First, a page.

With the time and effort it often takes to go fishing, it’s a shame to not adequately ice down and store your hard-earned catch.
Failure to do so can lead to unpalatable mush on the dinner plate, or possibly thousands of dollars in prize money lost during tournaments. Several solutions to make sure both trophies and table fare stay fresh start with the boat.
Most builders pay special attention to fish boxes. Regardless of their location — deck, transom or bow compartments — the good ones are well-insulated with thick foam to keep ice as long as possible. Older boat models can be modified by spraying in expanding foam or gluing panels of closed-cell foam around the boxes, if access is available. Ideally, all fish boxes should drain overboard to evacuate blood, slime and scales. If not, macerator pumps grind the detritus before it is pumped out. Their respective hatches should fit snugly and have a watertight seal, and all interior surfaces should be smooth for easy cleaning.
When space allows, large, abovedecks fiberglass fish boxes on the bow, commonly called coffin boxes, are extremely useful and afford additional versatility.
Miami-based SeaVee Boats builds its own 48-inch, 220-quart coffin box. It mounts on the forward deck hatch with a split lid so the lower compartment can be accessed separately. Electric actuators provide the lift. According to John Caballero of SeaVee, about 15 percent of SeaVee’s customers choose this option, which drains overboard and has 1-inch-thick insulation on the sides and 2 inches on the bottom.
The roto-molded cooler market has also radically changed storage solutions. Yeti, Engel, Orca, Pelican, K2, RTIC, Orion and most recently Otterbox are among the top brands. Actual comparison is tough, since sizes among the different makes don’t always match. All boast ice retention for days, far longer than needed for overnight or weekend trips. When shopping, compare usable interior measurements, weight and construction features, like tie-down points, latches and handles. The roto-molding process is extremely durable yet heavy, a consideration when lugging a full one down the dock. Don’t overlook marine-grade plastic coolers like the Igloo Marine Ultra either. They hold ice well, are easier to tote and reasonably priced. With any cooler, pre-chilling and opening the lids only when absolutely necessary will keep ice the longest.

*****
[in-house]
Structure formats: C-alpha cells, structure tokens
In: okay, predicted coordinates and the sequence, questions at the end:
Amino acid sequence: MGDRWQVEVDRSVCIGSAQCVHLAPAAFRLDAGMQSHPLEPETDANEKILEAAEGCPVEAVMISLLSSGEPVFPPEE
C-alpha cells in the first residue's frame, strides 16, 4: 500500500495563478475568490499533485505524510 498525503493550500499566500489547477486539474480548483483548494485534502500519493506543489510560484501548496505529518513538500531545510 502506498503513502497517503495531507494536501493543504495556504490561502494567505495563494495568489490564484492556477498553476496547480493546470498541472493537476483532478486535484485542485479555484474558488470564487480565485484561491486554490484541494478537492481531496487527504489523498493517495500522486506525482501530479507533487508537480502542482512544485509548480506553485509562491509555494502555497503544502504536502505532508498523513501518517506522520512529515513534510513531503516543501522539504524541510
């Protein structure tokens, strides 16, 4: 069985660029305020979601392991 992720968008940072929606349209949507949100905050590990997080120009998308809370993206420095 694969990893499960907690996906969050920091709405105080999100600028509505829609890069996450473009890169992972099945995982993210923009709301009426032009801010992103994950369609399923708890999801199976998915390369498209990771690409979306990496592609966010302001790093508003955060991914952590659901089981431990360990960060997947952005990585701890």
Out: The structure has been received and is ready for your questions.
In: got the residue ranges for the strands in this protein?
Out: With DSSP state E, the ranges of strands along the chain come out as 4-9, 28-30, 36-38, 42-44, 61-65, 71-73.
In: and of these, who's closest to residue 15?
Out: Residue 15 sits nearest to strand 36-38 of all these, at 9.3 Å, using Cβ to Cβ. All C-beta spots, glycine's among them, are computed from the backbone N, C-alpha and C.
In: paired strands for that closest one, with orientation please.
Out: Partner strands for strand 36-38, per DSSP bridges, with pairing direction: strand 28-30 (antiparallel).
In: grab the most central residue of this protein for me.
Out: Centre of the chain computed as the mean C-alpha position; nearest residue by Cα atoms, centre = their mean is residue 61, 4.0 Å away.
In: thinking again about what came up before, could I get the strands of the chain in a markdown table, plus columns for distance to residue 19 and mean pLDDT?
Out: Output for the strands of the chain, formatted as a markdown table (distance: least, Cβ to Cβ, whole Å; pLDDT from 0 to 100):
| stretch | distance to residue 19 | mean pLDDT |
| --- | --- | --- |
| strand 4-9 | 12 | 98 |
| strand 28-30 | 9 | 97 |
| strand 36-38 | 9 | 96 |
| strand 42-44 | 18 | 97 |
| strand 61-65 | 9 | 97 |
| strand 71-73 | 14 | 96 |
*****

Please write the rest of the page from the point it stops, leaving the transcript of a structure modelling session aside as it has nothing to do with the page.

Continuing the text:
Foam-insulated, zippered fish-chiller bags, sized to match the intended targets, are yet another storage option. Boone, Canyon, C&H Lures and Reliable Fishing Products make bags for nearshore and offshore applications. One of the biggest advantages to bags is they can be rolled or folded when not in use. Still, a combination of boxes, coolers and bags gives the most flexibility for preserving your catch.
“I’ve been using coffin boxes since 1978, first custom-built and now as a factory option on my Yellowfin 36,” says Capt. Robert “RT” Trosset of Key West. “It’s really well-insulated, so I keep over 400 pounds of ice and bait in there. My catch goes in the deck boxes, which can hold a 90-pound wahoo. I then transfer more ice from the coffin box and add a little seawater to make a slurry. It really helps keep fish cold and fresh. But you don’t want too much water or the fish slosh around, and that removes the scales.”
The macerator plumbed to the box allows Trosset to remove excess water, if necessary.
Swordfish, he says, stash easily in larger bags with the bill sticking out. During tournaments, dolphin and king mackerel slide right into iced chiller bags too, for easy transfer to the scales without weight loss.
Save the Day
Neal Foster of Mobile, Alabama, often runs 1,100 miles or more round trip in his 39 Contender center-console when competing in king mackerel and big-game tournaments. His team has consistently won top prize money for smoker kings and wahoo.
“I stop at a shrimp house and pay a flat fee to totally ice down the boat,” Foster explains. “They pump ground ice into two main bags and all my fish boxes. We probably carry 1,200 pounds of ice when we’re fishing competitively.
“The two bags will hold about 125 pounds each,” he adds. “It’s important to pre-chill them first, but that crushed ice freezes into a solid mass. So we always carry a rubber mallet and plastic shovel to transfer ice between the boxes and bags. My trophy fish go into the bag as soon as they’re aboard. With thousands of dollars on the line, you don’t take any chances.”